“The backlog of orders is definitely increasing. It is definitely growing, and it increased sharply in March and April. Moreover, it started to take a lot of effort to reduce it.” Gerstenfeld said. He said that the federal data is incomplete, and even if other states continue to increase their backlogs, they cannot reflect the state’s progress in catching up.

Since the beginning of the pandemic, the employment sector has made significant progress, although it is not shown in federal data. This is because the data shows how long people have to wait to pay past claims, not how quickly new claims are now paid.

Gerstenfeld said that new claims are now usually processed externally within a few days or within a few weeks. He said that although Oregon is gradually reducing its backlog, some states are still increasing its backlog.

Gerstenfeld said: “As long as we focus on making the oldest claims first, we will continue to pay for these claims and make them look bad.”

He added that Oregon has moved relatively quickly this year to implement some new welfare plans, especially the $600 weekly bonus approved by Congress in March and the $300 temporary weekly benefit that began in August. (Both of these benefits have expired.)

However, Gerstenfeld admitted that Oregon is the last payer of the waiting time, which means that thousands of Oregonians have been waiting for months of federal payments, each paying at least $800. The Department of Defense said it is expected to pay for the waiting week before the end of November, but if it misses this goal and does not pay by the end of the year, Oregon may confiscate hundreds of millions of dollars in special funds. Laid-off workers.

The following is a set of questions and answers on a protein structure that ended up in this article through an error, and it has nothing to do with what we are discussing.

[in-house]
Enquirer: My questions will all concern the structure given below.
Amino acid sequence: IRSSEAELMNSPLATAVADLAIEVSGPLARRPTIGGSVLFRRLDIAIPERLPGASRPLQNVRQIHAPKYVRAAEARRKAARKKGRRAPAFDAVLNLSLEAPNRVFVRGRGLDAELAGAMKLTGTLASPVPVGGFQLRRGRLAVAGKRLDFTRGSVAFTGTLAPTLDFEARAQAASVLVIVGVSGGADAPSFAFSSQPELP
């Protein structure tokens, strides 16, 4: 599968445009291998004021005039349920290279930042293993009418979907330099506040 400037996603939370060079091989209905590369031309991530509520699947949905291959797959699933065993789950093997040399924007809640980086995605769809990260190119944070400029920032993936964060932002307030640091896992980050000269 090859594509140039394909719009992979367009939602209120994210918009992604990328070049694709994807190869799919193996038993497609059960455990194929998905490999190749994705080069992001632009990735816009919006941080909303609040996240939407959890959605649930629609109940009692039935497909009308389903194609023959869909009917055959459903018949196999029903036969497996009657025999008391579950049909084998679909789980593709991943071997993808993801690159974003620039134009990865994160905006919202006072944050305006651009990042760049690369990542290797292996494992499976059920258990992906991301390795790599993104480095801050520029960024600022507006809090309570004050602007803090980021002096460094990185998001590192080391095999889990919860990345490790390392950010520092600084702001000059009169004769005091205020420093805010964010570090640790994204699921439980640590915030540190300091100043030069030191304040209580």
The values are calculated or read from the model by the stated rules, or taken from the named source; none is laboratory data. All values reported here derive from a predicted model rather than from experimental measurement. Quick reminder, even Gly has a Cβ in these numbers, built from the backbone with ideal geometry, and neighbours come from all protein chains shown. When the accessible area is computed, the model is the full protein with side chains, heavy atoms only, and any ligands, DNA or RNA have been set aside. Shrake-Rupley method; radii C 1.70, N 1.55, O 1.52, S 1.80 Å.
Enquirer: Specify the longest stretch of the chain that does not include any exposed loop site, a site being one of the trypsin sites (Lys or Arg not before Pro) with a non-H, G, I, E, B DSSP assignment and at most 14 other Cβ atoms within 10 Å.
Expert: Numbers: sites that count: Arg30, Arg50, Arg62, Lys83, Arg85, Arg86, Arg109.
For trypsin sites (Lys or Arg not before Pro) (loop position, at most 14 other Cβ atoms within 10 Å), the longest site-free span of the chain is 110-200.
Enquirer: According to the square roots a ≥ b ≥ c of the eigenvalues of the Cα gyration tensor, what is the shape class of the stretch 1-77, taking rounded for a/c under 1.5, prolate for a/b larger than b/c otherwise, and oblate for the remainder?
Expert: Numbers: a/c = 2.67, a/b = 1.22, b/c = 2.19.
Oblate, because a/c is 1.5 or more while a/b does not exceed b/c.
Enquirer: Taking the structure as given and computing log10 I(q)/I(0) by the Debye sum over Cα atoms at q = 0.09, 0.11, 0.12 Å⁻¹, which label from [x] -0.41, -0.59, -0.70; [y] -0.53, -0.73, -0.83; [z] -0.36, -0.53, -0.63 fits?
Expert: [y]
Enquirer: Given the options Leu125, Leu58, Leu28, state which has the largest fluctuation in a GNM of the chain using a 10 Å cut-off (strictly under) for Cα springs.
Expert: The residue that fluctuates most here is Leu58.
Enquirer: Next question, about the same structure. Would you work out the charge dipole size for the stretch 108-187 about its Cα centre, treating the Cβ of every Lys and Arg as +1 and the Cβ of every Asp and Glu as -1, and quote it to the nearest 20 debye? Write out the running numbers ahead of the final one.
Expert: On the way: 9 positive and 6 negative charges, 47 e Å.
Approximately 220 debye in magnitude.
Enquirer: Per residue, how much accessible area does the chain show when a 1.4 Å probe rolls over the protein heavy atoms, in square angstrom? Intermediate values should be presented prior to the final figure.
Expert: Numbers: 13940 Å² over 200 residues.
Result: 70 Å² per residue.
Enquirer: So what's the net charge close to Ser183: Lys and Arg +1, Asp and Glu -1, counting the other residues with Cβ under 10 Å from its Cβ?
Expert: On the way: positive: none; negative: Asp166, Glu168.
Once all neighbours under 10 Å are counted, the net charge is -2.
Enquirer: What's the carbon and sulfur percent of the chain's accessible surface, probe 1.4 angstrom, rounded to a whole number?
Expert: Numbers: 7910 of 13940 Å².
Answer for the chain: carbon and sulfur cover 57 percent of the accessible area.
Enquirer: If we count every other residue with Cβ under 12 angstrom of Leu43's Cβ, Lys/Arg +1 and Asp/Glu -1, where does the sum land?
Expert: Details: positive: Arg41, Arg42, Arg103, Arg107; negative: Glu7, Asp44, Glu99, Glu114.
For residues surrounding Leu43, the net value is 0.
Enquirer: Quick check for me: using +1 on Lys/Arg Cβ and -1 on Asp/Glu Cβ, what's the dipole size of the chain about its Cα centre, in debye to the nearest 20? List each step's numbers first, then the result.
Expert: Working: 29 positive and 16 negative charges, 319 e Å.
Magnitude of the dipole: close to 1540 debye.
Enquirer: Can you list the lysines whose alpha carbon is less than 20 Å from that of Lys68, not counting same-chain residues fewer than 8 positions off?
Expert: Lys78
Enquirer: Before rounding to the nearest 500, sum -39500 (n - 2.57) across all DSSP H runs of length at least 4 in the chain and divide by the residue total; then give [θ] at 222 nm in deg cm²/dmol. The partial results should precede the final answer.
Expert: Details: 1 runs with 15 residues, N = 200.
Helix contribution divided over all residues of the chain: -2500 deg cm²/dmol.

Gerstenfeld said: “I don’t think Oregon ranks first in terms of waiting for weekly wages.”

Chris Koski, a professor of political science at Reed College, said that government agencies that encounter problems during the boom will exacerbate these problems during the boom. He said that in institutions such as the employment department, most citizens are interacting with them, but they often do not receive the necessary supervision to identify and eliminate problems before the crisis breaks out.

Koski said: “The legislature did not really give them a lot of attention during the boom.” “This approach allows the culture of the workplace to be deeply rooted in the hearts of the people without much supervision.”

However, Koski said that Oregon seems to have some unique features that prevent it from solving long-term problems or successfully addressing major new initiatives. He pointed to the state’s poorly performing education system and the failed Cover Oregon healthcare portal.

Koski says that a country dominated by a party (whether it is a Democrat or a Republican) often lacks the competitive incentive to find and identify long-term problems. Perhaps Oregonians are too focused on electing leaders. They have great hopes for solving high-profile themes, and are reluctant to propose talented and interested politicians to ensure that government agencies perform their basic functions well.

Koski said: “It doesn’t seem that we don’t have a tax base to deal with these kinds of things.” “There are other things happening.”

-Mike Rogoway | Twitter: @rogoway | 503-294-7699